Hyundai is an aggressive company, and that applies to its green cars as much as the bread-and-butter sedans and crossovers it sells in growing numbers.
So when the company approached Green Car Reports to ask if we'd like to drive its new, hydrogen-powered 2015 Hyundai Tucson Fuel Cell vehicle, that was a no-brainer.
All in all, we spent about two hours in the zero-emission compact crossover, mixing freeway driving and suburban stop-and-go travel with a refueling stop at a rare hydrogen filling station.
While Hyundai's sibling rival Kia has launched the 2014 Kia Soul EV, a battery-electric conversion of its all-new 2014 Soul "tall box" compact hatchback, Hyundai believes that hydrogen fuel cells are the better path to zero-emission vehicles.
Hyundai has been developed its own fuel-cell technology since 2000, and has shown a few concept cars over the years.
The Tucson Fuel Cell was announced at the Paris Motor Show in September 2012, where it was known as the ix35 Fuel Cell (the Tucson's model name in Europe).
Now, its first low-volume production hydrogen car--built on the same Tucson assembly line in South Korea as the gasoline version we get--is here.
It will be offered for lease next spring at a cost of $499 per month for three years, with $3,000 down.
Hyundai Motors America president and CEO John Krafcik says the company expects to build and sell roughly 1,000 Tucson Fuel Cells over the next two years, though if demand is higher than that, there's a possibility that the number could rise.
Until Toyota launches the 2015 production version of its FCV fuel-cell car--shown in near-production form at the recent Tokyo Motor Show--that makes the hydrogen Tucson the world's highest-volume fuel-cell vehicle.
So what's the bottom line on this alternative to plug-in battery-powered electric cars?
From the front, the hydrogen Hyundai uses the European ix35 grille and front fascia--giving it a different appearance to the gasoline Tucson, a trick Hyundai also used with its Sonata Hybrid. We think it's a smart tactic, and looks good.
Behind the wheel, it's a very pleasant, quiet, electrically-driven crossover that many buyers won't know is alternatively powered until they have to fuel it up (and hence face the challenge of locating a hydrogen station).
Hyundai is proud that its fuel-cell stack operates at close to atmospheric pressure, which reduces the size--and hence noise--of the various pumps and compressors required to operate and cool the cell.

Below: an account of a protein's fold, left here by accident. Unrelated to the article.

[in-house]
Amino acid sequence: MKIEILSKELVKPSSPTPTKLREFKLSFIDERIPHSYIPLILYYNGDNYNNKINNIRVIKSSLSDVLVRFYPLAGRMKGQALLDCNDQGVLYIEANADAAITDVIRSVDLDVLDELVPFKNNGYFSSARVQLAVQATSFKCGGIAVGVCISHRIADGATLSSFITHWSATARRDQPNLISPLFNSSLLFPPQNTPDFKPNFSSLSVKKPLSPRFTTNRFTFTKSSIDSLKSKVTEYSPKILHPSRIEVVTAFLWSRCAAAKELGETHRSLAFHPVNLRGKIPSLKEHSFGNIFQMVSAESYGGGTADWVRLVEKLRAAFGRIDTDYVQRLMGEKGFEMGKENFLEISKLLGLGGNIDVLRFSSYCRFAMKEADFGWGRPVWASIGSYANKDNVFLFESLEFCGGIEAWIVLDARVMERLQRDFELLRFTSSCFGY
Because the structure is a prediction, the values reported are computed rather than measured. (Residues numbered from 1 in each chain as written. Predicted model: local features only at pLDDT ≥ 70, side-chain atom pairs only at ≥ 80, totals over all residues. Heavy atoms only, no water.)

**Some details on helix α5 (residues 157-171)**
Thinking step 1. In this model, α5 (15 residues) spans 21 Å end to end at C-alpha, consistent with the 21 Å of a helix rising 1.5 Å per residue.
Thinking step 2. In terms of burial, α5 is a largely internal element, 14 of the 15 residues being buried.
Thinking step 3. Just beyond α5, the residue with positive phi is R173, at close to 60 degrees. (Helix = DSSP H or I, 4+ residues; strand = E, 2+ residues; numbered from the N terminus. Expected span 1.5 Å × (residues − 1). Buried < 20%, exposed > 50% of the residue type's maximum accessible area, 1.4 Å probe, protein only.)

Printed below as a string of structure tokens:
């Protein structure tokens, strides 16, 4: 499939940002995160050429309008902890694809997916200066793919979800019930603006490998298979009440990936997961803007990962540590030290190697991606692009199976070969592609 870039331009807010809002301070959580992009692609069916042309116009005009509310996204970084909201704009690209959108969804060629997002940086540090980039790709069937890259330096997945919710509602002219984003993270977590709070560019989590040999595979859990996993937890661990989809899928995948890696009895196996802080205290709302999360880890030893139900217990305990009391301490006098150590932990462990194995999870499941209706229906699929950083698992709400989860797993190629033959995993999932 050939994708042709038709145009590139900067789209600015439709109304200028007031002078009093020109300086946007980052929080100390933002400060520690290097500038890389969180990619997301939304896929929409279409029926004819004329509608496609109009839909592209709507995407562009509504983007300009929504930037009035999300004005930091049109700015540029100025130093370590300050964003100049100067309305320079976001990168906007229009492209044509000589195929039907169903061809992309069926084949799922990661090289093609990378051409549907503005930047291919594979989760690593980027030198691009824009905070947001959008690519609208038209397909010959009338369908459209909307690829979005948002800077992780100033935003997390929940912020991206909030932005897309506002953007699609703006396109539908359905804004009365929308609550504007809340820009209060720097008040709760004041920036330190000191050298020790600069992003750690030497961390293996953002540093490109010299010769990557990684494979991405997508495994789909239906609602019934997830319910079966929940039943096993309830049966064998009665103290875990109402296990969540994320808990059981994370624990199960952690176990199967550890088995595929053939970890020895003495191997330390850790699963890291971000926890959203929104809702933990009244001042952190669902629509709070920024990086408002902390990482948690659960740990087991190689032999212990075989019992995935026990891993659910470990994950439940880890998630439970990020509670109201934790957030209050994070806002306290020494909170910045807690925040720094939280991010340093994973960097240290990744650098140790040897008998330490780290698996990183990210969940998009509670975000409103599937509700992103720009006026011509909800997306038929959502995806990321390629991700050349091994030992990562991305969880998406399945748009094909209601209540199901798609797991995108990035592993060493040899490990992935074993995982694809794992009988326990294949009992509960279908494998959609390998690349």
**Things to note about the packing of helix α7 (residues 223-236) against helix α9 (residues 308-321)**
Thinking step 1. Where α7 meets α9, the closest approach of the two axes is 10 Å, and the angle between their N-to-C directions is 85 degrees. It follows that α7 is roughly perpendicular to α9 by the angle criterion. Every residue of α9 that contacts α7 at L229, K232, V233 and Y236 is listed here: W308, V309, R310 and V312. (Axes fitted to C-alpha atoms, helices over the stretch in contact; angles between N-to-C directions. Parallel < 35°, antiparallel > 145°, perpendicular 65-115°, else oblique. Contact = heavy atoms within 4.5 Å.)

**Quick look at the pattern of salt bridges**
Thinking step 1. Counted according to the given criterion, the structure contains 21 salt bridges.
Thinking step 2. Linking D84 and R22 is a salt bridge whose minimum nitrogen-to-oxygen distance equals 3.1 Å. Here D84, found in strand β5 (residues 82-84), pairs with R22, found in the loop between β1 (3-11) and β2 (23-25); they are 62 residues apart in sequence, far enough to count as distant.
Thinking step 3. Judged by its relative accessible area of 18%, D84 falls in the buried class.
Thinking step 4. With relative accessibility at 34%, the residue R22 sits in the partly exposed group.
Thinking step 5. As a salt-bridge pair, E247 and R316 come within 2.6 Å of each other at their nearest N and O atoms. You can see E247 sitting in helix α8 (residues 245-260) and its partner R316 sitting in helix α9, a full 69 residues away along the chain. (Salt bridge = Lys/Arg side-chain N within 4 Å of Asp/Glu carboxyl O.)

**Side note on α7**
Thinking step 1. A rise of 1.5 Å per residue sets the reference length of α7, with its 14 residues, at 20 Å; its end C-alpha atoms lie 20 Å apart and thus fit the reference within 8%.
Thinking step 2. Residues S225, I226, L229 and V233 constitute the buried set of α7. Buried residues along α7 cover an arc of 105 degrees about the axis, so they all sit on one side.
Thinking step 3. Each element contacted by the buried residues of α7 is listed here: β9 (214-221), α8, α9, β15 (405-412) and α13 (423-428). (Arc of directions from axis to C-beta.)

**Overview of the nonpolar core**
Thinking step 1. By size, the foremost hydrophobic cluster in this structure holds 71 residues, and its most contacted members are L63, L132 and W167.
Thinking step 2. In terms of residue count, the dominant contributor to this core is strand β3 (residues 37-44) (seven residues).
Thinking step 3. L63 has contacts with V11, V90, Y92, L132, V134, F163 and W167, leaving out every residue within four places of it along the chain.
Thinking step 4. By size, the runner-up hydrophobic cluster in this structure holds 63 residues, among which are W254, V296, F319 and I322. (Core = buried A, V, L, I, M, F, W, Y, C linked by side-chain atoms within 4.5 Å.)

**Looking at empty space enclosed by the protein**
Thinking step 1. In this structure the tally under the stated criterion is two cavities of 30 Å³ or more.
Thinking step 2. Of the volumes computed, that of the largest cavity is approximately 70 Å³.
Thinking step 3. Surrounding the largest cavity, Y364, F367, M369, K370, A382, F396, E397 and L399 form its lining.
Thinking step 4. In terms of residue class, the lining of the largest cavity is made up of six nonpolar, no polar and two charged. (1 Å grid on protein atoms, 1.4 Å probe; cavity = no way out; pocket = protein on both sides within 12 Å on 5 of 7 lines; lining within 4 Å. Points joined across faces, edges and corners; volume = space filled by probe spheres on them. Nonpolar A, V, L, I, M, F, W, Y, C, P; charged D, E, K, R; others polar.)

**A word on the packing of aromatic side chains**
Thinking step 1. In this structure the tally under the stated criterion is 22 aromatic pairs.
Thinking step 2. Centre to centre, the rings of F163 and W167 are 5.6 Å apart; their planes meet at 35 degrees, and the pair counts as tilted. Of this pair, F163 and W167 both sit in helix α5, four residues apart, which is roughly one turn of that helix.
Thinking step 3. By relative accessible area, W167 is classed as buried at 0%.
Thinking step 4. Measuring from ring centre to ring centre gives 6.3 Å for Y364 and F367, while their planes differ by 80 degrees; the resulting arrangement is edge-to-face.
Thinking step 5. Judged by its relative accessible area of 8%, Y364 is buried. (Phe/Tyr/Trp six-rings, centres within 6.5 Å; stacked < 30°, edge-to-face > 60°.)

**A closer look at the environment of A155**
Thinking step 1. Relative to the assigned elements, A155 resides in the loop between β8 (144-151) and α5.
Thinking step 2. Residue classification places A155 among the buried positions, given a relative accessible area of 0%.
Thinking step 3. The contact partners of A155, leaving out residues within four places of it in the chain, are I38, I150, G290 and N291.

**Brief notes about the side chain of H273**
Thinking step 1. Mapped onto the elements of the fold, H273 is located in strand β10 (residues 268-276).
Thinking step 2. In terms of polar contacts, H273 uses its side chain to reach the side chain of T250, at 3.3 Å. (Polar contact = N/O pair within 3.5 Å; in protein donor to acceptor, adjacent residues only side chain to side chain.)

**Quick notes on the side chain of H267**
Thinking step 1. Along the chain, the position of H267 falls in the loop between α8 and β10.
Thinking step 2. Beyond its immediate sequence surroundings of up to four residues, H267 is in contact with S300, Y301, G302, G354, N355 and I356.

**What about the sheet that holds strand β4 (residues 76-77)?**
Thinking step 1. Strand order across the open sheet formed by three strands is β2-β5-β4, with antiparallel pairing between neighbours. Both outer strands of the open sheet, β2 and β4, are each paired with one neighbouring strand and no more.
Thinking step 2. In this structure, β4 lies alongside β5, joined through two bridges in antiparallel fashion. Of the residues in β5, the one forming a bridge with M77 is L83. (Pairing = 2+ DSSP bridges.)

As a result, electric-car drivers would find the Tucson's driving experience quite familiar.
Its front wheels are driven by a 100-kilowatt (134-horsepower) electric motor with 221 lb-ft of torque, meaning that it pulls away smartly (and quietly) from stops and is relatively spry, if heavy, around town.
Hyundai has included the lithium-ion battery pack from a Sonata Hybrid in the hydrogen Tucson, to provide extra assist when maximum power is required, located below the front seats.
That 96-pound pack's nominal capacity is 1.4 kilowatt-hours, but the usable energy is 0.95 kWh, according to Gil Castillo, Hyundai's senior group manager for alternative and advanced vehicle strategy.
The fuel-cell Tucson's biggest drawback is its lack of power at highway speeds. While its acceleration is fine around town, flooring it at, say, 60 mph causes the heavy hydrogen crossover to gain speed--but agonizingly slowly.
Passing maneuvers on the highway require a lot of advance planning, though they're not impossible, but the lack of high-speed acceleration is the one feature where the fuel-cell Tucson fails to provide the same capability as the gasoline model.
The standard Hyundai Tucson, for the record, comes with a 182-hp 2.4-liter four-cylinder engine driving the front wheels through a six-speed automatic transmission, with all-wheel drive optional. (There's no AWD option for the hydrogen Tucson.)
Two transverse tanks for hydrogen compressed to about 10,000 pounds per square inch (70 Megapascals) are located under the rear seat and under the rear load bay, just ahead of and behind the rear axle.
Fueling the Tucson FC was relatively similar to standard gasoline refueling. We used a combined natural-gas and hydrogen station located on an Orange County Sanitation District facility in Fountain Valley, California. (Hyundai's U.S. headquarters are located in the same city.)